Our next goal was to see the King of Africa and the Big Five: the lion. We past a few fresh prints on the wet mud and spent a few hours driving around some open plain. We ended up driving past the three lions we saw a few times, because they could hardly be spotted as they were taking a mid-day nap. After watching them for a while, the male got up and did the most cat-like stretch in the sun. Totally cuddle-worthy, but I decided against getting out of our truck and in with the lions.
Rhino, another member of the Big Five, are incredibly valuable and as a result have lost about half their population due to poaching. The conservationists at Shamwari make sure to take every precaution to prevent poachers from killing rhinos or permanently injuring them by improperly removing their horns. We were really lucky to see a mother rhino and her baby on our drive and I’m really hoping that people will realize that having that opportunity is priceless.
After stopping for lunch, we headed to the Big Cat Rehabilitation Center, where we saw our final member of the Big Five: leopard. Even though we didn’t see them in the wild, these three triplets were taken from Romania where they were used in circuses and had spent their entire life in a cage. Being able to roam free in their natural habitat is the mission of this place, and seeing all the big cats there was nothing short of amazing.
We headed back for dinner and enjoyed a great night at the volunteer quarters. I swear the stars have never looked more beautiful. After a good night’s rest we headed back to Port Elizabeth, ready to begin another week.
I could not have asked for a better safari experience! Seeing all of the Big Five in one day and experiencing Africa’s beautiful landscape was definitely something I’ll never forget.
This is our final week of teaching and coaching before school break. Next week we are hosting a holiday camp for all the different townships, and I may have some very special guests featured on my next blog...
A three-day weekend calls for adventuring, and what better place to do so than South Africa? Last weekend we headed an hour west to Jeffery’s Bay, home of the Billabong Surfing Championships. After a road trip and a few wrong turns, we made it to Island Vibes, our hostel and home for the next few days.
From the moment we talked to the smiling Charmain at the front desk, I knew I would love Island Vibes. The laid-back, surf bum feel was absolute heaven to me. I had never stayed in a hostel before, but it ended up being AMAZING! It was kind of like living in a big house, except your house-mates just happened to be incredible surfers from all around the world. As I leaned over the balcony watch the waves crashing on the shore and breathed in the salt-tinged air, I was filled with bliss (how’s that for Island Vibes?) Continue reading
When I was first thinking about what I wanted to bring to the communities of South Africa as a result of my Lumos Project, my mind was immediately drawn to the creative. To me, art is one of the best lenses in which to view the rest of the world. Art is both history book and atlas, teacher and storyteller. With it, we open doors to new and different worlds.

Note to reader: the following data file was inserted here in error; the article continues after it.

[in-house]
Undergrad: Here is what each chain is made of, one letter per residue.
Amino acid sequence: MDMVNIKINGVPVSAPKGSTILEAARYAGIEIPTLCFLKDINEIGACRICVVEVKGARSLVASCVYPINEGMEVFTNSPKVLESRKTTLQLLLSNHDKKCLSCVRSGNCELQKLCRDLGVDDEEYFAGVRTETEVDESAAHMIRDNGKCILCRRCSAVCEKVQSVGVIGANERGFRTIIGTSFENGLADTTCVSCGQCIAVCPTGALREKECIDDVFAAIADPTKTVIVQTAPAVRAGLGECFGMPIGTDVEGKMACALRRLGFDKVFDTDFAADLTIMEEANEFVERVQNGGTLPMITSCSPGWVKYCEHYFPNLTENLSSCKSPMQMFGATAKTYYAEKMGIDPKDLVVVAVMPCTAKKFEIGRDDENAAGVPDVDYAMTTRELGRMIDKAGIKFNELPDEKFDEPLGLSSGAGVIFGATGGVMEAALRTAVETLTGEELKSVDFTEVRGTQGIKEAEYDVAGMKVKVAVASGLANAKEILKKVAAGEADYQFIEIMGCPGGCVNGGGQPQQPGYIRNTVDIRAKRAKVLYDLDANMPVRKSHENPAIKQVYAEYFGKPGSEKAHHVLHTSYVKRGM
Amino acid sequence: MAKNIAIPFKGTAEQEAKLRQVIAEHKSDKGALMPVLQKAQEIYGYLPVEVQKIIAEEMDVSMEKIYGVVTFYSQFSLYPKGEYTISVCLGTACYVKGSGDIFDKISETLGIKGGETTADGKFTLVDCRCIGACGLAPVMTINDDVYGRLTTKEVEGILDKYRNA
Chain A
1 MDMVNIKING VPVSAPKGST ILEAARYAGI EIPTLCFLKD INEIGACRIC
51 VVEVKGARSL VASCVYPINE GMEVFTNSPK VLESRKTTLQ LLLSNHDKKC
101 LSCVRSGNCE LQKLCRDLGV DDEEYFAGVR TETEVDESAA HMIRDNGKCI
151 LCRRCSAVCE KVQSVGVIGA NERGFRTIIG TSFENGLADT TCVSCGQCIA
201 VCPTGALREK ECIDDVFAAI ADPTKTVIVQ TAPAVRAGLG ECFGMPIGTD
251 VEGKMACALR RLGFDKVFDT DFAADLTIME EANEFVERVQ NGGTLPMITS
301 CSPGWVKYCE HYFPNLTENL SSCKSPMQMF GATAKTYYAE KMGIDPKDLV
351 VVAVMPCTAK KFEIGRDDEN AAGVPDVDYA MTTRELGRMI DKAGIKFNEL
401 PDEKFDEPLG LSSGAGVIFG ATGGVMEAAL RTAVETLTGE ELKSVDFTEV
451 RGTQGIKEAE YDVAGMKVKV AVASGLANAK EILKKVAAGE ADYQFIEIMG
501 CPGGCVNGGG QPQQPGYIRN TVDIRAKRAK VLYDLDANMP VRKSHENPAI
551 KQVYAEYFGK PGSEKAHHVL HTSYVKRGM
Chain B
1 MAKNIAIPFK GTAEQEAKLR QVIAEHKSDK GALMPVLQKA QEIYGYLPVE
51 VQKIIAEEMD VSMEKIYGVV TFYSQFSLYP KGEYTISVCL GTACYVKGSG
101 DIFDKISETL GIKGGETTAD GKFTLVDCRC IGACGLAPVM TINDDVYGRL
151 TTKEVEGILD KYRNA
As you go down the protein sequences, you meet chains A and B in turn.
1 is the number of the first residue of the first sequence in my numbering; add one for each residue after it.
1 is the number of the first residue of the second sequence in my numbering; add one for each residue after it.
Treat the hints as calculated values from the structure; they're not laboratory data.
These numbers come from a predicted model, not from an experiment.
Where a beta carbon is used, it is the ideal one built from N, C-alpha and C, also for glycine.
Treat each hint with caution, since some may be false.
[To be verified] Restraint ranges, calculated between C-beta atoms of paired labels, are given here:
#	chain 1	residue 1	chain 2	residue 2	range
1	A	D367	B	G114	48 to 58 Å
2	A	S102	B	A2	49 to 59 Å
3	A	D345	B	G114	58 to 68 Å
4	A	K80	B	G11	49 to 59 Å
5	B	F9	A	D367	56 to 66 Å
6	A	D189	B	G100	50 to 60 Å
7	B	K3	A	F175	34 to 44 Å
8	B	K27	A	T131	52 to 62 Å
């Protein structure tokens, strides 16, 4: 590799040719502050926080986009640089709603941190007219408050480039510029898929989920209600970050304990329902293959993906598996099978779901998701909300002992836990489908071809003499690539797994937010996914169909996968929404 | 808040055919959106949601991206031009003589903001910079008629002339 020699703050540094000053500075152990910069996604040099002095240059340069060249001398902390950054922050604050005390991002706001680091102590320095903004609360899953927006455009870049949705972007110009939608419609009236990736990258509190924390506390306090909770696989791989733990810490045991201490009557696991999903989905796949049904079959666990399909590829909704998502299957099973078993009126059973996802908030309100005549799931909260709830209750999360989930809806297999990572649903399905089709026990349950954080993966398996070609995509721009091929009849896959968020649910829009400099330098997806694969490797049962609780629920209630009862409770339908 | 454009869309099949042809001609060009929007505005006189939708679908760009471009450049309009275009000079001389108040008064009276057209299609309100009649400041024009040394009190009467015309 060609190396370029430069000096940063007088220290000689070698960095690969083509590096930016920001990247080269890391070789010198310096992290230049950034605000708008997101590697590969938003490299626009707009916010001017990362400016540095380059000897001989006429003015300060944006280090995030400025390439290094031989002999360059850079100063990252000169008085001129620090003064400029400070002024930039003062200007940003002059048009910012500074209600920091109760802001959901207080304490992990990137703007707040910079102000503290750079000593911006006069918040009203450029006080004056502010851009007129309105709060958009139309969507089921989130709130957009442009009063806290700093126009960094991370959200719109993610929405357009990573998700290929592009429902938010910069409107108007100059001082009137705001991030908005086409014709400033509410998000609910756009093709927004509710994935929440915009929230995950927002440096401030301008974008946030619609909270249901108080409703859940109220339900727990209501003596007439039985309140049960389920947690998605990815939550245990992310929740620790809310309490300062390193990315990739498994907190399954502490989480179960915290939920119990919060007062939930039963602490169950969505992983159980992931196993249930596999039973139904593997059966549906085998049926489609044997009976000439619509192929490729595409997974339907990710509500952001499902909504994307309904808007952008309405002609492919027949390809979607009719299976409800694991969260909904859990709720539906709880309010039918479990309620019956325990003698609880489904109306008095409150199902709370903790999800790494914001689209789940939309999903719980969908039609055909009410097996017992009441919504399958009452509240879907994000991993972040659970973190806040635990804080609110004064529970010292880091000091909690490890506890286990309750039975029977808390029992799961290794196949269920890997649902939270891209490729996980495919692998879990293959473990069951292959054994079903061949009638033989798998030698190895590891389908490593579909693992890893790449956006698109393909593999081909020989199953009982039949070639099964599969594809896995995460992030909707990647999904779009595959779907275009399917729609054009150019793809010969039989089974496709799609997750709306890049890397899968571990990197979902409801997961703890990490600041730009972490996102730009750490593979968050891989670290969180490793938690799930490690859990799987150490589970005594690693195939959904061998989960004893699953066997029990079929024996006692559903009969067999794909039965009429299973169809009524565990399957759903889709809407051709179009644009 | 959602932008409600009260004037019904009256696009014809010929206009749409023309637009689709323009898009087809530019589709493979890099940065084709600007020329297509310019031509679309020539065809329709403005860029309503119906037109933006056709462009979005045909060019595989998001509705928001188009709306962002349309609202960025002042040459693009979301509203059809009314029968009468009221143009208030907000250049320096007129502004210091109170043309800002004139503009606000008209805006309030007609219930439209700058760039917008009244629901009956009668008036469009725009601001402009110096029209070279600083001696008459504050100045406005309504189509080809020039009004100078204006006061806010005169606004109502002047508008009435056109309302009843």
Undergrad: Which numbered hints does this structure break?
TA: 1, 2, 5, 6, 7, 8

When I arrived at United Through Sport, I wasn’t sure that I was going to be able to pursue that goal. Obviously, UTS is sport-focused, which has taught me so many things, both about sports themselves and about the value of teaching sports as a way to communicate life skills and values. However, in my teaching role and work with the Junior School of Excellence, I was able to talk to the staff at UTS and plan an Art Day at the JSE of Isaac Boii. Continue reading
“The voyage of discovery is not in seeking new landscapes but in having new eyes.” —Marcel Proust
I came to Africa knowing that my perspective on many things—social change, world issues, and my part in this story—would inevitably shift when met with the reality of living here. The first part of a changed perspective is seeing things as they are, not as you imagined them to be. This week, I found myself encountering a few realities that have helped me to see life here with new eyes. I’ll share a few of those stories with you now. Continue reading
I tighten the straps of my backpack and take a deep breath. My eyes dart back and forth amid the sea of faces as the cacophony of a hundred different voices fill my ears. It’s all I can do to pay attention to where I am headed on this sunny day in September, my very first day of school. I am five years old and ready to begin the biggest adventure of my life.
Fifteen years later, I was again filled with the same familiar mix of emotions as I stepped onto the grounds of Ensomnawe Primary School last week. Riding the wave of nerves and energy, this time I stepped into the classroom, not as a student, but a teacher. Although I had tutored throughout my life, this was the first time that I had really been given the responsibility of helping someone to see the world differently, the same way that my teachers have done through grade school and college. Knowing that I had the power to shape someone’s life through my work at this school was both exhilarating and terrifying. Continue reading